Located just south along the ridge from Jakes Peak and overlooking Emerald Bay, Emerald Point is perhaps one of the finest features of the Lake Tahoe Basin. It offers world class skiing, panoramic views, sport climbing below at Mayhem Cove, endless bouldering on spectacular knobby golden granite and even has several fun long adventure traditional climbs along the south buttress. Steep, serrated gendarmes line the ridges amongst wind blasted gnarled junipers and pines. A mountaineer's paradise!
Another 'Emerald Point' can be found on some maps and forms the northern tip of Emerald Bay (Eagle Point is the southern tip). The kayaking in Emerald Bay is spectacular and the tour from Rubicon Point to Emerald Bay is tied with only the tour from Sand Harbor to Secret Harbor as the finest on Lake Tahoe (both are HIGHLY recommended).
From Tahoe City, head south on Hwy 89. Once you can see Emerald Bay, look up and right and you will see the golden serrated granite ridges rising to the sky. From South Lake Tahoe, head north on Hwy 89. Similarly, once you round the bend near the Maggie's Peak overlook, set your eyes to the northwest and you will see Emerald Point in all its glory!
Several parking options exist.
1. A large pullout is exists on the west side of Hwy 89 during all seasons adjacent to the USFS parking area.
2. The USFS parking area allows access to the Eagle Lake Trail and the myriad fun activities that exist here. It costs $5 to park here. A fill-out-your-own wilderness permit kiosk can be found here.
3. During the winter, the road can be closed during and after storms due to avalanche hazard to the road. In this case, park at the plow turnaround by the gate on the north end of Emerald Bay. I am unsure as to where to park in this situation if coming from South Lake Tahoe
4. A parking area also exists on the east side of the road 250ft north of 1 and 2. I do not know about parking here for extended periods in the summertime; it is not plowed during winter.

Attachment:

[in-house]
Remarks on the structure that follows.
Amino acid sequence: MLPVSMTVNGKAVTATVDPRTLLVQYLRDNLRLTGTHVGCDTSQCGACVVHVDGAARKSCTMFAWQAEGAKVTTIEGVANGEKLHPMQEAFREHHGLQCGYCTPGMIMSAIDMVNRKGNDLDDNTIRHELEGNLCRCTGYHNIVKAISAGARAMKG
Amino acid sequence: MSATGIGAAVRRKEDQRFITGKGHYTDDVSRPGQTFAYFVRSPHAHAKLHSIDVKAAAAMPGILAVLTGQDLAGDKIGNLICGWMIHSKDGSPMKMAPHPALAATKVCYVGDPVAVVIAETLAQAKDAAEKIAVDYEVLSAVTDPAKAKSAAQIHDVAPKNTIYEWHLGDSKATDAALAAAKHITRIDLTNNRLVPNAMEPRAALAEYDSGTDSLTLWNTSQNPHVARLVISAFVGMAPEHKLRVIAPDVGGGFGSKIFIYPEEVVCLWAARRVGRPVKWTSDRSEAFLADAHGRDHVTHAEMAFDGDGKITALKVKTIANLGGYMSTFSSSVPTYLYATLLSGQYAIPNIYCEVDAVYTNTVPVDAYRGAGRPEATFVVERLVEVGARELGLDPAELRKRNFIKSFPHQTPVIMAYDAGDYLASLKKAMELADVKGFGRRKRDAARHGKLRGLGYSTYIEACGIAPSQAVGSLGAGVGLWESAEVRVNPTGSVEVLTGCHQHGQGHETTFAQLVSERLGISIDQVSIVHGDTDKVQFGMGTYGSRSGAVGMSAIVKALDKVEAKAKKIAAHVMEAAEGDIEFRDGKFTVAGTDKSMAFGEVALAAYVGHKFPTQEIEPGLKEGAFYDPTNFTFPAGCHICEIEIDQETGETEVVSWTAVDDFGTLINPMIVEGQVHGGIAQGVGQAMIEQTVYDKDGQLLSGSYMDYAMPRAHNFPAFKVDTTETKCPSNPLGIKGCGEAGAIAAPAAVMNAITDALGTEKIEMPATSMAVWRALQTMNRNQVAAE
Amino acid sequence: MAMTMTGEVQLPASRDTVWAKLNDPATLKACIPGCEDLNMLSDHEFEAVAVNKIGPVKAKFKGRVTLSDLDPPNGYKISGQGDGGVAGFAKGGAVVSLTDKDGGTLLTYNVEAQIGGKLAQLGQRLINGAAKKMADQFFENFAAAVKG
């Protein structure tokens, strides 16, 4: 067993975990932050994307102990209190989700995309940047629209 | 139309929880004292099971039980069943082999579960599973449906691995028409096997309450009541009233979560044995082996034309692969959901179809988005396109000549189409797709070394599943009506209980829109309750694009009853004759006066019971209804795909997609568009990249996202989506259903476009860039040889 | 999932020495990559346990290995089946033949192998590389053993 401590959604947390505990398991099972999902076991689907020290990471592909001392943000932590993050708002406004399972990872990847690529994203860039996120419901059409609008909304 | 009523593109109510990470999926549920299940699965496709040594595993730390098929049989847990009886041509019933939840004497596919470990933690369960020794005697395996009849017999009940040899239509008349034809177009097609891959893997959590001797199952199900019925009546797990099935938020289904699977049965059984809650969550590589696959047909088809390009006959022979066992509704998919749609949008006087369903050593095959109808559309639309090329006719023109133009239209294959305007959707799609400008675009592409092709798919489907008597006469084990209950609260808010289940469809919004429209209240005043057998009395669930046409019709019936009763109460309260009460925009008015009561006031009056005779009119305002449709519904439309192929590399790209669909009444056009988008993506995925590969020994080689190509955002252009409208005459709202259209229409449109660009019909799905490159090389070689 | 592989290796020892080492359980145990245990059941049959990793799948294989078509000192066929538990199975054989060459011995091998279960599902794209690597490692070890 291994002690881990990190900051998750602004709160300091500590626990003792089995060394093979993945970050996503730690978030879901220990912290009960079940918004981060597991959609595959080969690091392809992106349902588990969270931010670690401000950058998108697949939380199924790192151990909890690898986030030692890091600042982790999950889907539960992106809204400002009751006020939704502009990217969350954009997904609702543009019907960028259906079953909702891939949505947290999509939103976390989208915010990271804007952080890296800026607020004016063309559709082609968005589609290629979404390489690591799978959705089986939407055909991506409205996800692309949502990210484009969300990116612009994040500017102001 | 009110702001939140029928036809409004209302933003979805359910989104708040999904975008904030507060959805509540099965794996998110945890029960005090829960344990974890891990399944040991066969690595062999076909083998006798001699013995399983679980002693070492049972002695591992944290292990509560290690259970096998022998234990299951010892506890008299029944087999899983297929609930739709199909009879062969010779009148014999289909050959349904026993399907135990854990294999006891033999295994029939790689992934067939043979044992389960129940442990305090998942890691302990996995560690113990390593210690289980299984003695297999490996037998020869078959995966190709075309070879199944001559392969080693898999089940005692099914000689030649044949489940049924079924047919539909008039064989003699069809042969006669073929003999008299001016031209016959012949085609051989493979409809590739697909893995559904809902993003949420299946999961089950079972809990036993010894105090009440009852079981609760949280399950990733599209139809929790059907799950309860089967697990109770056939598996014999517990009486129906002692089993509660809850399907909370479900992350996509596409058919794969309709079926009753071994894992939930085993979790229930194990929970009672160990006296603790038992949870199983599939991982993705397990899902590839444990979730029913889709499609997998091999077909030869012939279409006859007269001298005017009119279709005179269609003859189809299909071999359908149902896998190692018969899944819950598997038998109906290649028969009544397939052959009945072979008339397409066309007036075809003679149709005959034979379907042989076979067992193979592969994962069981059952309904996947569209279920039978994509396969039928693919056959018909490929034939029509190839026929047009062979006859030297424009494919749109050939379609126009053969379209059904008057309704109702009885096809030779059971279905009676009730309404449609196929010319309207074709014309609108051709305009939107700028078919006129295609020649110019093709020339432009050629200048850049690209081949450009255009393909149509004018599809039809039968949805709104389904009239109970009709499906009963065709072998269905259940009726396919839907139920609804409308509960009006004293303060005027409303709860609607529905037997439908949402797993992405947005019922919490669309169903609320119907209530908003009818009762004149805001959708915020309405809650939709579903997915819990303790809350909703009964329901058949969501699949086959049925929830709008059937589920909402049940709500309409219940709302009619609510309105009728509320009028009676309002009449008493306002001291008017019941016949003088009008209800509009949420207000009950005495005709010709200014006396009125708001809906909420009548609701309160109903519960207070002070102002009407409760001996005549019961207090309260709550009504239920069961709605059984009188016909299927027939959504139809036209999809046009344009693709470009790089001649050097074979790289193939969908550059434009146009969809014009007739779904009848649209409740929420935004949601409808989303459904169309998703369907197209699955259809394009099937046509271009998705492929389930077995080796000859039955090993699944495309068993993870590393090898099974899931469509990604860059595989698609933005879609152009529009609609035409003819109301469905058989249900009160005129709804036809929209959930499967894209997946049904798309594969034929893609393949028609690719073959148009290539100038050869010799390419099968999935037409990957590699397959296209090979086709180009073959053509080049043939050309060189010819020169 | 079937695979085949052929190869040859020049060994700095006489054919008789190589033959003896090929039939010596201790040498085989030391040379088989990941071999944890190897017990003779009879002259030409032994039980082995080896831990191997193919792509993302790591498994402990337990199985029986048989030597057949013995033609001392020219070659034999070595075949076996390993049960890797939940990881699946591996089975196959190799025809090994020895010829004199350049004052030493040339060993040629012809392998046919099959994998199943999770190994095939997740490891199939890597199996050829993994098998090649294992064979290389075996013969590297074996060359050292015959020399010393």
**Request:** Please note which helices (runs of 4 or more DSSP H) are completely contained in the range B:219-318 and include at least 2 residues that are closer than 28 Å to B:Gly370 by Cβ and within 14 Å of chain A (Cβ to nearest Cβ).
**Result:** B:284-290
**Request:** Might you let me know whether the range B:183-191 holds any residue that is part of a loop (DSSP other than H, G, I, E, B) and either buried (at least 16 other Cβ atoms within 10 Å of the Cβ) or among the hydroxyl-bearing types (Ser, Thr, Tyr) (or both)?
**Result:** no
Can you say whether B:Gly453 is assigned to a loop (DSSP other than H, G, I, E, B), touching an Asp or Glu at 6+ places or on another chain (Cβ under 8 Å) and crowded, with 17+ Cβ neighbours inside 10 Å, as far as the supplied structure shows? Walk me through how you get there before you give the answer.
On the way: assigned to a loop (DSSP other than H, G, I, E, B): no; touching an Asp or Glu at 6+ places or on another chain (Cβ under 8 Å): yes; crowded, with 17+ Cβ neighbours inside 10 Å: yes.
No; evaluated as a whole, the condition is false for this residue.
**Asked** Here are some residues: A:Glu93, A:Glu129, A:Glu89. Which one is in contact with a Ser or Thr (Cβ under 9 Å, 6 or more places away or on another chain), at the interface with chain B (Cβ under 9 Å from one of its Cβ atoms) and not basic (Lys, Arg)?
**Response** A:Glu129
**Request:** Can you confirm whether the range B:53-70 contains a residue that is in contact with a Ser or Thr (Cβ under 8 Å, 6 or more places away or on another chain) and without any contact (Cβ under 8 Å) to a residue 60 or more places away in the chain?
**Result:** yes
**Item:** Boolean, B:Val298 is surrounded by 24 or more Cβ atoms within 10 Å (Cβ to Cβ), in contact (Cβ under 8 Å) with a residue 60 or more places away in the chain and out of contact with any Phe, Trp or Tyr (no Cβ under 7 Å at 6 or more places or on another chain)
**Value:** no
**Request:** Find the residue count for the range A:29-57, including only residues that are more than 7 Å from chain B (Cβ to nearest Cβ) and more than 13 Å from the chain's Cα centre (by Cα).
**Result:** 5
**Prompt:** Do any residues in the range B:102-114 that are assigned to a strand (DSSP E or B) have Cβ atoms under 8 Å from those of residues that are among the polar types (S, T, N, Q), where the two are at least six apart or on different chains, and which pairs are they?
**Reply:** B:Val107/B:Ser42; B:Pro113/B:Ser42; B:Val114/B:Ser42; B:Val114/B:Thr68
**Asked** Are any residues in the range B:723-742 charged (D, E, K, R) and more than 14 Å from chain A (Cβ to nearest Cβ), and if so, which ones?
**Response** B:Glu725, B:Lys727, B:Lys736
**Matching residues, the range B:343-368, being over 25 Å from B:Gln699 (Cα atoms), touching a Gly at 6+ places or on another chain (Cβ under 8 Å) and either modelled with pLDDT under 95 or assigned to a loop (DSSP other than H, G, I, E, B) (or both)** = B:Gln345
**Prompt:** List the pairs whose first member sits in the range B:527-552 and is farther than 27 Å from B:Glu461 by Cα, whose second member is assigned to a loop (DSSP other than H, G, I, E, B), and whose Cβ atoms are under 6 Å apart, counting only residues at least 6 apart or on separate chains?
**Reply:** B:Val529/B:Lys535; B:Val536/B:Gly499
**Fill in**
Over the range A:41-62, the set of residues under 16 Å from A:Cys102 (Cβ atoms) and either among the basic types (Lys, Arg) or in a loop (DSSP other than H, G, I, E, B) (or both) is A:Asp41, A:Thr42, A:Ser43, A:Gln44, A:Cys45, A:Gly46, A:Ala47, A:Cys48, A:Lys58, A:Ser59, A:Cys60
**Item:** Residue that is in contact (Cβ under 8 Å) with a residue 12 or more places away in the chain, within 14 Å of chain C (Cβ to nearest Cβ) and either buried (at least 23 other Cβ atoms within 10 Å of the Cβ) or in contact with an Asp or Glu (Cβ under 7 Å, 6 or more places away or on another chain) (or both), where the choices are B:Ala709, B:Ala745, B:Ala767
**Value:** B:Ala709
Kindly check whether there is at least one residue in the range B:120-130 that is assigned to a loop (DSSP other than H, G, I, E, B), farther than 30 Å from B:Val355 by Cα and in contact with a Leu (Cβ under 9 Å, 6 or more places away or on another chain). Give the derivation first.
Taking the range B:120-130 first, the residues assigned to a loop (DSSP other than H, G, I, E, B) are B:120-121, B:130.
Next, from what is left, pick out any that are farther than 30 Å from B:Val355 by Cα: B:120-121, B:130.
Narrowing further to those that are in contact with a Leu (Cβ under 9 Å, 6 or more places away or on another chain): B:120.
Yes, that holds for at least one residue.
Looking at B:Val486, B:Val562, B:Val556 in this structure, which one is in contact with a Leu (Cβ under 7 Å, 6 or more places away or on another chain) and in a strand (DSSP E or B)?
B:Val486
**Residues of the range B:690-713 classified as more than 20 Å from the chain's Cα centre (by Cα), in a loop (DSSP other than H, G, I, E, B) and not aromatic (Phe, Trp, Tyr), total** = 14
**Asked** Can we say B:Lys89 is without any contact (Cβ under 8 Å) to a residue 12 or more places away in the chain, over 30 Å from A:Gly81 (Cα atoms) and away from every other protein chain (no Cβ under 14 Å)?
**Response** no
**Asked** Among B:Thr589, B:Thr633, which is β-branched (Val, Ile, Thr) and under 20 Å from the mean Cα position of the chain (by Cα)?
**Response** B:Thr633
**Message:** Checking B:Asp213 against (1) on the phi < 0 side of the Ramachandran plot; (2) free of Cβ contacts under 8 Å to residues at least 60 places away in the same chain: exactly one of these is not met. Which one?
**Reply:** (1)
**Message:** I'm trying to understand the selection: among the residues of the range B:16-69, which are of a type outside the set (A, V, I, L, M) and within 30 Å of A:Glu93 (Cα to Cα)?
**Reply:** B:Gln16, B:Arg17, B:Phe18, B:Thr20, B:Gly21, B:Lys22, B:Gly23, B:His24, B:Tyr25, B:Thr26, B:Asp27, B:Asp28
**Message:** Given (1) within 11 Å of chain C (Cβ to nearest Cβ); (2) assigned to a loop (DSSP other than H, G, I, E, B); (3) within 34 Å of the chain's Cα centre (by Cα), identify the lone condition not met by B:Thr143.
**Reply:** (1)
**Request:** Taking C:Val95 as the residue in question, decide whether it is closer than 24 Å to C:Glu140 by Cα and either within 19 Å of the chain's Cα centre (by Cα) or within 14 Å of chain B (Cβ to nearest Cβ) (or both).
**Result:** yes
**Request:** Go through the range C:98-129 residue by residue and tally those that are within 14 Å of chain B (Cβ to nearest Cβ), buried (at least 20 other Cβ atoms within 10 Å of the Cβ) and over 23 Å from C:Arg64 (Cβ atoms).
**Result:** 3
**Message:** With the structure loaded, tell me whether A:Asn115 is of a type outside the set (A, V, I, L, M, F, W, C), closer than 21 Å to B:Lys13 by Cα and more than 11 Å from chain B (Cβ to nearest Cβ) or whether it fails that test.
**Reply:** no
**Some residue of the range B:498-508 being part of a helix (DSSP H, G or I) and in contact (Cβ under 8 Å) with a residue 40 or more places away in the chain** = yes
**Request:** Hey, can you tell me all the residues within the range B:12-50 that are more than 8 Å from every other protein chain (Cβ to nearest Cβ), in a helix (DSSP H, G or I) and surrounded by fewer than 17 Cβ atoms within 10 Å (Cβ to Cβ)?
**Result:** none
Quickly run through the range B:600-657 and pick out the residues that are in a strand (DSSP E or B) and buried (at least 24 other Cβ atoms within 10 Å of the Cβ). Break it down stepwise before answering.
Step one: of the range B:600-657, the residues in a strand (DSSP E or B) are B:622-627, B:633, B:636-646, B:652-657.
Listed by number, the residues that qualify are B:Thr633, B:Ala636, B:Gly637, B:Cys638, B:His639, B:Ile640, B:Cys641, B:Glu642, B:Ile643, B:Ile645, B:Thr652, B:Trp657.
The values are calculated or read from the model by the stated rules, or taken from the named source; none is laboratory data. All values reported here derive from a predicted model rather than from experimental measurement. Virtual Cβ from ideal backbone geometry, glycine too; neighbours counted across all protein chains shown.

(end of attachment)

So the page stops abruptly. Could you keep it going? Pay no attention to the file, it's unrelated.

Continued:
During high season, parking can be tough to find, so start early!
During summer, a $5 use fee may be assessed if parking in the USFS maintained parking lot.
Within three or so miles, normal camping can be found at Rubicon, Eagle Point, Vikingsholm, and Bayview. These sites can be very crowded and are probably not cheap, but offer excellent access to activities.
If you prefer to camp on the mountain, bivy sites can be achieved at various points near the summit. The view is worth the heavy backpack if you chose this route.
Skiing and snowboarding should only be attempted in this region in safe avalanche conditions due to the exposed nature of the approach and descents.
Approach via the large east-facing gully separating Jake's Peak from Emerald Point. Total vertical gain is approximately 2395 feet.
Superb powder and corn skiing exist on this slope and the south aspects of Jake's Peak. The more northerly aspects have steep tree skiing that can offer deep powder skiing even when eastern or south aspects are fantastic corn.
From the summit, the Emerald Chutes offer the most aesthetic and enjoyable descents from Emerald Point.
Emerald Chute 1 is the crown jewel. A steep entrance, dramatic rock walls, sparse but beautiful trees, and a fall line that takes you directly into Emerald Bay make this a descent not to be missed. You will ski through some willows and manzanita unless coverage is very high. Several cliff bands must generally be navigated, but no air is required.
You will have to skin back up along the road, stash a bike, or walk (maybe a 1/4 mile back to car). In spring conditions, one can just bootpack directly up the chute. A frequent avalancher, care must be taken when enjoying this line.
Emerald Chute 2 offers a similar experience to number 1 but is wider and more moderately angled. The apron from this chute connects back to the entrance gully if you cut skiers left at the bottom.
Section 20 (III 5.7) (variations up to 5.10 possible) follows the direct south buttress and ends just south of the summit. Depending on the route chosen, the difficulties can vary between easy fifth and 5.10. Ample bouldering can be done along the way and long sections of 4th class will likely be encountered with loose rock and sandy cracks. Start by finding the toe of the buttress after wandering through manzanita. Several options exist, chose whatever looks cleanest and most fun. Plenty of variations exist on this climb. By staying on the arete proper, difficulties will increase but so will rock quality. Several other shorter routes exist near the base of the route. Descend by heading southwest down the 2nd-3rd class rock and manzanita slopes until you reach a creek, then follow this down to the Eagle Lakes Trail. Bring mosquito repellent in the summer!